I told her to check out Margaritaville and once she sees the online shopping, I think she'll be completely hooked.

How cool is that?

Latest JibJab

Kathy's Book Club Etiquette

After reading my last post, I realized some people may think I was taking a shot at Anna who joined us last night but hadn't read the book. I wasn't, she was a model book club citizen. So, I decided to share my views on the subject of book club etiquette (aren't you feeling fortunate?) to clarify what I mean and feel.

The reason to attend a book club meeting is to discuss the book!

Whew, I feel better now. I'm not saying people can't add value to the discussion if they haven't read the book, but in general, the meeting is more productive if everyone's on the same page, so to speak.

Let me explain further...

Here's what starts the etiquette violations. Someone shows up and says one of the following:
"I started the book but didn't have time to finish it."
"I skimmed it over."
"I ordered it from Amazon (or the library) and haven't gotten it yet."
"I didn't even get it but I'm pretty versed in the subject matter.&q…

Book Review - The Kite Runner

I just got home from my book club discussion of The Kite Runner by Khaled Hosseini. (The astute reader may ask, "What happened to Pride and Prejudice?" Well, that's what we're reading in my other book club. I am a nerd.)

I have to preface my remarks on this book with an explanation of Kathy's World. It's a lovely place where people are kind, don't commit acts of violence, aren't physically abusive, don't prey on children and don't judge others on race, gender, religion or sexual preference. I try to mentally preserve Kathy's World as much as possible so, while I do read murder mysteries and the like (it's easier to remind me that they're only fictional stories), I avoid true crime and biographies/memoirs where ugly things occur.

The Kite Runner put a big, black cloud over Kathy's World by violating many of the 'rules' and I didn't like it for that reason. If it hadn't been for book club, I would have stopped readi…

Tea Time

I went to a Tea Party yesterday. Those who know me well are now thinking, "Kathy? Tea Party? There's no beer involved so how is that going to work? How is it even possible!?!" Probably people who know me even slightly are thinking that, too.

Well, it was a Bridal Shower for my friend Dianne so how could I say no? We met at a little tea/antique place. Judging by what was on sale there, their definition of antique is a knick knack that you would find at your Grandma's house that she bought at a Stuckey's on a road trip circa 1970.

While weak in the antique department, they did serve a mean tea (can tea actually be mean? I probably need a better word there...). I tried both the cinnamon and apricot - both pleasant though the cinnamon was pretty strong. Our first course was a scone with strawberry preserves, clotted cream (sounds gross, tastes yummy) and lemon curd (also sounds gross but tastes yummy). They then brought out many platefuls of tiny sandwiches. There was …

Go To Rio Salado Brewing Company!

I met up with some chums at Rio Salado last night for conversation and some great microbrews. We had a great time catching up but I heard a disturbing rumor...that Rio Salado may close. Nothing official, mind you, but it's a scary thought.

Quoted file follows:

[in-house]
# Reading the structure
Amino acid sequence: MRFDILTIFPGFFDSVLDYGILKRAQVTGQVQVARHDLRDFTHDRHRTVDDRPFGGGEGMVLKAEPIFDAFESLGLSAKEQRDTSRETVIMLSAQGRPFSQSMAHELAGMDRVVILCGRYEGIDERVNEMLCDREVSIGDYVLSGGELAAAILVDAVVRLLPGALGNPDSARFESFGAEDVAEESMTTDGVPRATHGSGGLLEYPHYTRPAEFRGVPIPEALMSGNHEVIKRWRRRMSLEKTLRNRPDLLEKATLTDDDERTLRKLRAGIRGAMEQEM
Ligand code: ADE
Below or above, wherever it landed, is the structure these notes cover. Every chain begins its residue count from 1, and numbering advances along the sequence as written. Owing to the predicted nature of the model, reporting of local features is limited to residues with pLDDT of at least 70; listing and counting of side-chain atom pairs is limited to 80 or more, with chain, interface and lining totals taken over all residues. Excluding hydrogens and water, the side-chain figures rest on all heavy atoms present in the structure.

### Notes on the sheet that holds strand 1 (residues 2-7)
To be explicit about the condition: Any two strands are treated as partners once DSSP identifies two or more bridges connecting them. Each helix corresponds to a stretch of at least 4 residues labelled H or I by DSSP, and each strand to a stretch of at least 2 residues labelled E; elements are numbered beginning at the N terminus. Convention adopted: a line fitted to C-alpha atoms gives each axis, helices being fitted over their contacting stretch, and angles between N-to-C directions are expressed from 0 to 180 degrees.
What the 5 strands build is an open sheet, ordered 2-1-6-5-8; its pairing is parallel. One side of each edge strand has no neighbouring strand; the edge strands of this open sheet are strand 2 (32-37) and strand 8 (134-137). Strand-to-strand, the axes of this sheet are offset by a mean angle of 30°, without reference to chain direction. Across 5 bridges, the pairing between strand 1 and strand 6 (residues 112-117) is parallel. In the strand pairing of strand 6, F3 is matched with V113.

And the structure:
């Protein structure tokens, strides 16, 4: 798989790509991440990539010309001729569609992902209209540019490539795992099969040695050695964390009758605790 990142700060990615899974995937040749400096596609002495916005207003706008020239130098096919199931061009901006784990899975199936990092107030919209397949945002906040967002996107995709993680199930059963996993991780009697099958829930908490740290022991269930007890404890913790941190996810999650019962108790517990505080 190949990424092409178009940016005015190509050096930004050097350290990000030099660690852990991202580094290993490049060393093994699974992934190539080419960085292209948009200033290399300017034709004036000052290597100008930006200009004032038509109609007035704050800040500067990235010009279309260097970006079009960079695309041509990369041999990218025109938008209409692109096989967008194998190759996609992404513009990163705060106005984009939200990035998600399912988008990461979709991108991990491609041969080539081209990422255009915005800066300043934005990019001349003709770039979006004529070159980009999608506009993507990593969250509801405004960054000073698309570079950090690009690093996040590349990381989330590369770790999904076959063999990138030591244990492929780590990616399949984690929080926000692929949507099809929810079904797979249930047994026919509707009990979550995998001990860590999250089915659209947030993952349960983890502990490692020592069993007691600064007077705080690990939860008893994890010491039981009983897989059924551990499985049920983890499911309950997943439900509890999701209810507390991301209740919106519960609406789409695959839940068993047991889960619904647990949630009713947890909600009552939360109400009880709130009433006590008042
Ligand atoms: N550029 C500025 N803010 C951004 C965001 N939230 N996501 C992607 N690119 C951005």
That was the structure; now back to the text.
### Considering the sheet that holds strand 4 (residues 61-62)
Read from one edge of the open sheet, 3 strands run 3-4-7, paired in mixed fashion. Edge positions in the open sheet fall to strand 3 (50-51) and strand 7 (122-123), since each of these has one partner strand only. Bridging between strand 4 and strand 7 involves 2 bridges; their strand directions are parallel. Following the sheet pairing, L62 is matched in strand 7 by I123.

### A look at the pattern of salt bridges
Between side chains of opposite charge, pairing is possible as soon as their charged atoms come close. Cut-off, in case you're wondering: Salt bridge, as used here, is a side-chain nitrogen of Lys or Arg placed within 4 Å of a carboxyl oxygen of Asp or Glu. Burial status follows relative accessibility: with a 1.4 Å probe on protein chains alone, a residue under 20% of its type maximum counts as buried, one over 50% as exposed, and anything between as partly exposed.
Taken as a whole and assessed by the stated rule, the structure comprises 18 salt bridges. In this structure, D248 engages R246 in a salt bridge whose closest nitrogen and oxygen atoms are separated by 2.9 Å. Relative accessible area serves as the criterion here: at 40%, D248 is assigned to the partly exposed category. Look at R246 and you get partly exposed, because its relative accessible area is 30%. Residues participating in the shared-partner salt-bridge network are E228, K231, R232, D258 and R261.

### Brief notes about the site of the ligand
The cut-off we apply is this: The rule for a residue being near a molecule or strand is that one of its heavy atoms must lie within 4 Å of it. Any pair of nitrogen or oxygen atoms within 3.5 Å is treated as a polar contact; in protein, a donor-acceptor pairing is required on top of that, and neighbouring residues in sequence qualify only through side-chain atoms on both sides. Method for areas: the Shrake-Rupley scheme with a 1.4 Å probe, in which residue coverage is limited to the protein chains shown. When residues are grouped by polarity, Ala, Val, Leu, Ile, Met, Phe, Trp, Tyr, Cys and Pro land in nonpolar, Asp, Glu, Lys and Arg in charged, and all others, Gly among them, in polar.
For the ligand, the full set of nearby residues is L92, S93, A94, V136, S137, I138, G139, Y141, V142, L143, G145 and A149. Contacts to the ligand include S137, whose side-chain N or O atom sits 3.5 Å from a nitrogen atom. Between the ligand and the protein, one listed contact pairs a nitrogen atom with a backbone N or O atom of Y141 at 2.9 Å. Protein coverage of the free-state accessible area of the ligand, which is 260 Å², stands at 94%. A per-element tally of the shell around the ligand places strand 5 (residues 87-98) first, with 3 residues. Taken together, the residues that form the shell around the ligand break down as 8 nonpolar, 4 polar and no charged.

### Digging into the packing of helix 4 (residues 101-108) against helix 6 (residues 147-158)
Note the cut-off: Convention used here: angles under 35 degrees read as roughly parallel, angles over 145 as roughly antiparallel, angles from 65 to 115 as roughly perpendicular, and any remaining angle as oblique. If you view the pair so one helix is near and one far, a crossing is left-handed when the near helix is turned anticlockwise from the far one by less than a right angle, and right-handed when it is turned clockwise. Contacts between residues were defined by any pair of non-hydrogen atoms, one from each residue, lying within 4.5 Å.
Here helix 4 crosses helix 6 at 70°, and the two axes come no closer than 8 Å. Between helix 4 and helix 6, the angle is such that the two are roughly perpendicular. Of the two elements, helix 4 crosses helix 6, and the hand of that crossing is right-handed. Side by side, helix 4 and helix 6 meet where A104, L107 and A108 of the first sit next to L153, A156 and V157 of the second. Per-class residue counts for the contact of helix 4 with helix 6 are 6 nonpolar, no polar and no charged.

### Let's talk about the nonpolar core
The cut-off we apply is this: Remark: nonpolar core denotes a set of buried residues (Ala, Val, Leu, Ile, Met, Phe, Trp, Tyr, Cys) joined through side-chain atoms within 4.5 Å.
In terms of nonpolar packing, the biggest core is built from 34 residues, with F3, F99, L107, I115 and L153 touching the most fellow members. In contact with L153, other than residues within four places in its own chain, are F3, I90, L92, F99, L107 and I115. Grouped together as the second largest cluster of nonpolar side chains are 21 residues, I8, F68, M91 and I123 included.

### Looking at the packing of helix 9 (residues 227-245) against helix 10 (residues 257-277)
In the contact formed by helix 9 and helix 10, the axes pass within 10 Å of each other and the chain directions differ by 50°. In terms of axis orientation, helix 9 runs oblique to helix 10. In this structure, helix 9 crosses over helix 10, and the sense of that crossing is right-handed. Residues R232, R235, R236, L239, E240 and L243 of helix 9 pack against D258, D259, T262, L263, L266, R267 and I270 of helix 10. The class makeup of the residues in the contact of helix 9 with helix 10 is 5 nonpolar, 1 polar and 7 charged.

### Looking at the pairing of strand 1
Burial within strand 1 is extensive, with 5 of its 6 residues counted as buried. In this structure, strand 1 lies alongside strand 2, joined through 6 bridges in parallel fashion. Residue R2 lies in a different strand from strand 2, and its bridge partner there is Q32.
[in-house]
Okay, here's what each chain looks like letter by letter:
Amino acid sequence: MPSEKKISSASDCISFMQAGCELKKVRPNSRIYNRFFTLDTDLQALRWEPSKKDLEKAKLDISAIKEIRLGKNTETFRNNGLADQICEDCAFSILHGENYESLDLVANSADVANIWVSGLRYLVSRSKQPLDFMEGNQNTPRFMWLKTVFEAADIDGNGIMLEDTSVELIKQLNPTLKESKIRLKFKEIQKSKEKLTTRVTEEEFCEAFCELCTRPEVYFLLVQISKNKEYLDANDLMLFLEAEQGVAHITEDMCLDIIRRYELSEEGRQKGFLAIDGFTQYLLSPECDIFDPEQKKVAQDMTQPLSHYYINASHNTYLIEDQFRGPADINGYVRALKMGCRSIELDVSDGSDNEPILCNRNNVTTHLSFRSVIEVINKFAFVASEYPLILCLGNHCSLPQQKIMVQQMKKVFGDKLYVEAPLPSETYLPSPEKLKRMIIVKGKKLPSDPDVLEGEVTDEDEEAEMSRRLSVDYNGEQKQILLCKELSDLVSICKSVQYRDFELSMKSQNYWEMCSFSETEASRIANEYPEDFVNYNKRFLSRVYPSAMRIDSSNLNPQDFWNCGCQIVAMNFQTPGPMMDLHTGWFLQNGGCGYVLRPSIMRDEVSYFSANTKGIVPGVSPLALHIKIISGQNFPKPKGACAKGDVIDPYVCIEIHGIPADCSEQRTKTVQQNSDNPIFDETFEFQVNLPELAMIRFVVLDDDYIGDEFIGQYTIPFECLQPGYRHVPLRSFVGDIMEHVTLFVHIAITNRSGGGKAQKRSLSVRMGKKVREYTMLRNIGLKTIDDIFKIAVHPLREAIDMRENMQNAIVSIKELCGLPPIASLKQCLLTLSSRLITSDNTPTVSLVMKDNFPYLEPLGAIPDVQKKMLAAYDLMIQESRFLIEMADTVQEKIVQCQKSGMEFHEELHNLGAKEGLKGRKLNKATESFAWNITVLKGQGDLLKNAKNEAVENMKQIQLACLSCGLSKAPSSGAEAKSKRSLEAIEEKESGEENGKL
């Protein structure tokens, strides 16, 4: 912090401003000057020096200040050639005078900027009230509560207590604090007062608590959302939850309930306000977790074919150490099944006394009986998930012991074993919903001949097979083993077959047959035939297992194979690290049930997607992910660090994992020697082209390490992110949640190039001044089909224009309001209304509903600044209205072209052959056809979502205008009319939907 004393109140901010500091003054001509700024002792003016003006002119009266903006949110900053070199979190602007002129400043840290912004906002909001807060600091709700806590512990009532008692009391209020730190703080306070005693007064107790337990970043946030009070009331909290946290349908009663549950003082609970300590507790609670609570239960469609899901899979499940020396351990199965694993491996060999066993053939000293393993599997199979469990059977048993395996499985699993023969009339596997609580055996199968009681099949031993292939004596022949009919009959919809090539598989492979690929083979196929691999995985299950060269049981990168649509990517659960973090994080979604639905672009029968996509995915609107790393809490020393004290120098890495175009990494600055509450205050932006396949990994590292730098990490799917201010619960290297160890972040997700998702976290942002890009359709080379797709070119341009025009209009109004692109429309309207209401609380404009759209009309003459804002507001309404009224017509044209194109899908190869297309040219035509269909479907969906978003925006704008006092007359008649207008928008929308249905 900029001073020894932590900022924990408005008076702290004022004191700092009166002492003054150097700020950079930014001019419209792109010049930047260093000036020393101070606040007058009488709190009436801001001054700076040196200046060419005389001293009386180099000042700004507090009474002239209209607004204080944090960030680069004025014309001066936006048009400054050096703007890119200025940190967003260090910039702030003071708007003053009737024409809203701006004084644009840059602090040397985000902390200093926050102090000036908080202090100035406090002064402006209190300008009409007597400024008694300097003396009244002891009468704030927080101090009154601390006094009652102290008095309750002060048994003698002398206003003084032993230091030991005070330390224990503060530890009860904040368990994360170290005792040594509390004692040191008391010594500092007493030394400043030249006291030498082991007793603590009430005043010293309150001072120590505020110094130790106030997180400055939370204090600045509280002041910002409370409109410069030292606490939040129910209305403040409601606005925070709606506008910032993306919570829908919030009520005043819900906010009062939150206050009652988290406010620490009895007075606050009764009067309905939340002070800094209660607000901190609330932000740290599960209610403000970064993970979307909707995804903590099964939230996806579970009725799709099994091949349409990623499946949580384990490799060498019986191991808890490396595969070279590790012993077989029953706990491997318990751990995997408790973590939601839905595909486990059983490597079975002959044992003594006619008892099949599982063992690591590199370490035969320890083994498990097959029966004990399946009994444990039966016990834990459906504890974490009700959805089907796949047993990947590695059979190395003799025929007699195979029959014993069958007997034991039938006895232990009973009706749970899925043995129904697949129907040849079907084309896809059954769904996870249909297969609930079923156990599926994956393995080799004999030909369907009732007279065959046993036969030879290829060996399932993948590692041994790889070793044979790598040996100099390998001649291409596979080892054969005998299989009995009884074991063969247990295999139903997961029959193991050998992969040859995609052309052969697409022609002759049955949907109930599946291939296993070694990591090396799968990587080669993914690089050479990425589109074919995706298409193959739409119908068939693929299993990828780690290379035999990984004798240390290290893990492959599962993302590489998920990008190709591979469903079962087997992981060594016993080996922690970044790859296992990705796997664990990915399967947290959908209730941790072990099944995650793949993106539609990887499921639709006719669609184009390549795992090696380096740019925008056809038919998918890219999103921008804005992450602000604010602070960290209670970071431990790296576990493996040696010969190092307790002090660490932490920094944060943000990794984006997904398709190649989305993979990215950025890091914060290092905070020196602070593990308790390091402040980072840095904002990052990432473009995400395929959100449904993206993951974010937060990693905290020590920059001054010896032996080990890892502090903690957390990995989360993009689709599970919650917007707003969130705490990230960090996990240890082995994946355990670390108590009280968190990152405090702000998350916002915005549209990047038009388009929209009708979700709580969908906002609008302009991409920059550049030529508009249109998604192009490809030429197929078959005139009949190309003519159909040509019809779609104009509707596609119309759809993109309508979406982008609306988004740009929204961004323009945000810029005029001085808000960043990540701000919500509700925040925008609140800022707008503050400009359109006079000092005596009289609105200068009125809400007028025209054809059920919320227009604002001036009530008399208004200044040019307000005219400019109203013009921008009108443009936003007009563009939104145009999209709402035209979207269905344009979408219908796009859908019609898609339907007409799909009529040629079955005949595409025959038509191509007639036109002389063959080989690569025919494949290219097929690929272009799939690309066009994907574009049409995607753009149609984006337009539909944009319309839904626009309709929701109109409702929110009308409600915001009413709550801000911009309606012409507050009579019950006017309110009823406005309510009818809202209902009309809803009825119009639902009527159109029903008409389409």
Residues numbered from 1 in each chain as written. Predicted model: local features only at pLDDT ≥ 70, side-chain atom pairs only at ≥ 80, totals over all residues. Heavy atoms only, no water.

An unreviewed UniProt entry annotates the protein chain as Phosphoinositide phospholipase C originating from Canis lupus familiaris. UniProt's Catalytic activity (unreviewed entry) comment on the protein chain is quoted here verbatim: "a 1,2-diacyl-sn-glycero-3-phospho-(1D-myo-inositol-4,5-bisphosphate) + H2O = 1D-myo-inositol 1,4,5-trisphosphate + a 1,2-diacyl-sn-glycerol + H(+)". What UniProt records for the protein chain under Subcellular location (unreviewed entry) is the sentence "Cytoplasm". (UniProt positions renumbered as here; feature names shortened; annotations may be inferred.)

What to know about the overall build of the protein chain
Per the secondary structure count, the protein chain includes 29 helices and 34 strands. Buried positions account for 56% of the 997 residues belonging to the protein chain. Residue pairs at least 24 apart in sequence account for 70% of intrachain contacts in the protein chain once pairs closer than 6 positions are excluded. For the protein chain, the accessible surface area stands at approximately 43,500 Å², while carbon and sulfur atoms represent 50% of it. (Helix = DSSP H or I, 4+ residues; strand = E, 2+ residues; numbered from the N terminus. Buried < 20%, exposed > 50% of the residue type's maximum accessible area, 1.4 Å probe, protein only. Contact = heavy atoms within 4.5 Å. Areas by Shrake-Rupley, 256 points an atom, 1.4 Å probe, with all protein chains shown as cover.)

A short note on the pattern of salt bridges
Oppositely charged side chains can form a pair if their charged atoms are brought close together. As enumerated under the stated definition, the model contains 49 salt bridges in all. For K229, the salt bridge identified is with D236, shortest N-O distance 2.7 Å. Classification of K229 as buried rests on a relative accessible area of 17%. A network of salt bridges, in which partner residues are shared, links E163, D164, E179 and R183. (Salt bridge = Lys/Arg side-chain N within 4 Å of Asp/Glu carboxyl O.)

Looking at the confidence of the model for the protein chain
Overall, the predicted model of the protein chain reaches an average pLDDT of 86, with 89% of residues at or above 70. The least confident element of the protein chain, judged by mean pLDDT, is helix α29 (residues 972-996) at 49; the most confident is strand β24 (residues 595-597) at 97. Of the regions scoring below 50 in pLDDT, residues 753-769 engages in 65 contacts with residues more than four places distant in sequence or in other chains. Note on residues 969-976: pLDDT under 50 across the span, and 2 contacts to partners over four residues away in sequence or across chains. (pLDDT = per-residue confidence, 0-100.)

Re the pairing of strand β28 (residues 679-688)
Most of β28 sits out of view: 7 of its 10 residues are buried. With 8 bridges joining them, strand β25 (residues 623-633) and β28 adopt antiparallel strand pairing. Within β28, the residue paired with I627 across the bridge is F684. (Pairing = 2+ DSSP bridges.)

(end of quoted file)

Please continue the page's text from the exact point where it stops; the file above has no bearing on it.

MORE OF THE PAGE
If you've been to Rio Salado, then you know it's a great place to kick back, have some of the aforementioned brews and relax. It's a comfortable place - not too fancy and far from a dive. I've spent many evenings there with friends and I would be very sorry to see it go.

If you've never been, then get your butt over there. You'll find great beer and a friendly group of strangers at the bar or you and your homies can grab a table of your own.

Rio Salado Brewing Company is at 1520 W Mineral Rd, Tempe AZ 85283 (near I-10 and Elliot). It's tucked away in a industrial area so I suggest mapping it before you go so you know exactly where to go.

Living in the Sticks

I've been living in the outskirts of Chandler for a year now...and it's still like living in BFE. There are three roads I can take to get to the house: Germann, Queen Creek and Gilbert. At all times in the past year, two of them have been under construction and often all three have been under repair, being repaved, detoured, you name it. So, I don't wash my car very often since I'm driving through dust and gravel all the time (I'm also very lazy) and I'm never sure which way I'm going to get home since their signs consistently lie and have the wrong closure dates on them.

Let's talk library. I lived less than one mile from the main branch of the Scottsdale Public Library. It was a beautiful thing though I used to complain that it didn't open on Sunday until 1 PM. Now, my nearest library is in a High School (albeit a large high school) and it's not even open on Sundays and closes on Thursday and Friday at 5 PM. I also went from two full walls of n…

Book Review - My Cousin, My Gastroenterologist

Some readers may think I like every book I read. Well, this book disproves that theory. Author Mark Leyner's book was described as "Brilliant mutant prose" by the San Francisco Examiner. I think a more accurate description is "Nonsensical drivel."

Here's an excerpt:

"tonight at madison square garden the new york rangers disemboweled the boston bruins' goalie, brought a hibachi onto the ice, roasted his intestines and served them on toast points to the howling hometown fans my cousin my gastroenterologist is himself in the hospital after having been viciously attacked at a hawaiian luau he's got three potentially dangerous ukulele fragments lodged in his brain the doctor says jabbing at an x-ray with his pointer"

That was actually a more coherent section. I forced myself to get through 40 pages and I was done. Save yourself some time and don't bother.